• Thirdly, a degree of flight envelope protection will be implemented for the mission software – runtime environment on host operating systems will provide safety checks and threshold limits for potentially dangerous user command sequences.

As the primary operational precaution, before any user code will run in space, it has to pass the comprehensive test procedures on the ground, from basic sanity checks to predictive analysis of the satellite behaviour using “digital twin”, synced with the real satellite using real-time telemetry. In the case of mission-critical emergencies the secondary on-board computer running misbehaving user code will be powered-off, either through command from the ground station or by autonomous decision-making of the primary on-board computer.

Technical solutions are not the only actions we should be using. There is no substitute for experience, and the moment we will be able to secure sufficient funding to start our mission design, we will be hiring people with experience in nanosatellite mission design and operation: system engineers, electrical and mechanical engineers, software developers and orbital mechanics experts. A lot of necessary answers will be obtained during our collaboration with ESA’s OPS-SAT mission, to be launched in just a few days, on December 17, 2019, so we will not be operating in the blind when the time comes for our own mission in late 2020.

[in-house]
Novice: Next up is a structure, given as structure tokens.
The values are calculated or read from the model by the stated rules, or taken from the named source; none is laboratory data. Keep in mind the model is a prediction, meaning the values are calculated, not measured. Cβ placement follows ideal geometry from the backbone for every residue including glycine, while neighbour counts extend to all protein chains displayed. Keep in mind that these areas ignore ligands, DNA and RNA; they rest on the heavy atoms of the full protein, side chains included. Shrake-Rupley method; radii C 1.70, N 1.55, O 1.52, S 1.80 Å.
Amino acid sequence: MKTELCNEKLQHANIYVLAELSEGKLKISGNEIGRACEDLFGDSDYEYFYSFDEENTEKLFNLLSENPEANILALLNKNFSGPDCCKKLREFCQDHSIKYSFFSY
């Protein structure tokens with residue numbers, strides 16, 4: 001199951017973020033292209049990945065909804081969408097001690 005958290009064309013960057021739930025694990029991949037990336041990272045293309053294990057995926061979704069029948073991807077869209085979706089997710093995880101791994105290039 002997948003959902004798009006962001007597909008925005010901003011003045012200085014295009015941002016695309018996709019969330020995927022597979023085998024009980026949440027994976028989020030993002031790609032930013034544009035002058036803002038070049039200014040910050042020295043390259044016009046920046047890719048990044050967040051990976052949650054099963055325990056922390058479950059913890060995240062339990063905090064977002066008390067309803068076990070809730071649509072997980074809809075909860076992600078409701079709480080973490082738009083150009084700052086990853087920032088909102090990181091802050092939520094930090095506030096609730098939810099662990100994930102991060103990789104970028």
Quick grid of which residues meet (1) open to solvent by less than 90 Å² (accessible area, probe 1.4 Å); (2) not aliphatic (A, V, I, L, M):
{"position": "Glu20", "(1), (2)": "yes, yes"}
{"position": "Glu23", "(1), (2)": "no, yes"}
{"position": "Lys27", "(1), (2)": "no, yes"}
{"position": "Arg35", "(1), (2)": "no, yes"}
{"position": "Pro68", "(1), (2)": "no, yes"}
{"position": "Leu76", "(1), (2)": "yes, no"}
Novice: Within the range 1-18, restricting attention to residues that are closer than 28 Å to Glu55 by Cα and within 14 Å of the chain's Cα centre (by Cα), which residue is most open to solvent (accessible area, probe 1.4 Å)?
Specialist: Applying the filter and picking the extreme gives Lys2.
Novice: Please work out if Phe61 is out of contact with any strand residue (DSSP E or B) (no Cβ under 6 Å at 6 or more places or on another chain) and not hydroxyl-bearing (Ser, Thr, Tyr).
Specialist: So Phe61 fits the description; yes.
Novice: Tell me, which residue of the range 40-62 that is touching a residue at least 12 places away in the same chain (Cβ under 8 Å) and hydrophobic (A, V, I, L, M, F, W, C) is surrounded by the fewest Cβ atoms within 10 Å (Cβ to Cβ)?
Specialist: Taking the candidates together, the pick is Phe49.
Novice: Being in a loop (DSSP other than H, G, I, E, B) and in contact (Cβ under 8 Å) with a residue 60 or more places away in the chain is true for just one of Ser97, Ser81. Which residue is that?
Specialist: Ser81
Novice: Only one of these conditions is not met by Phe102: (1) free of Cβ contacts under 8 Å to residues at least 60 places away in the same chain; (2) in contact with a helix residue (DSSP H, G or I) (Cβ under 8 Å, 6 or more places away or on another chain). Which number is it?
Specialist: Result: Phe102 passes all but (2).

In our next update we will describe the potential business risks and our approach to minimise them. 

NOVA Mission Goals

The primary goal of our mission, NOVA, is to radically lower the entry barrier for parties and people interested in conducting their own research and projects in space.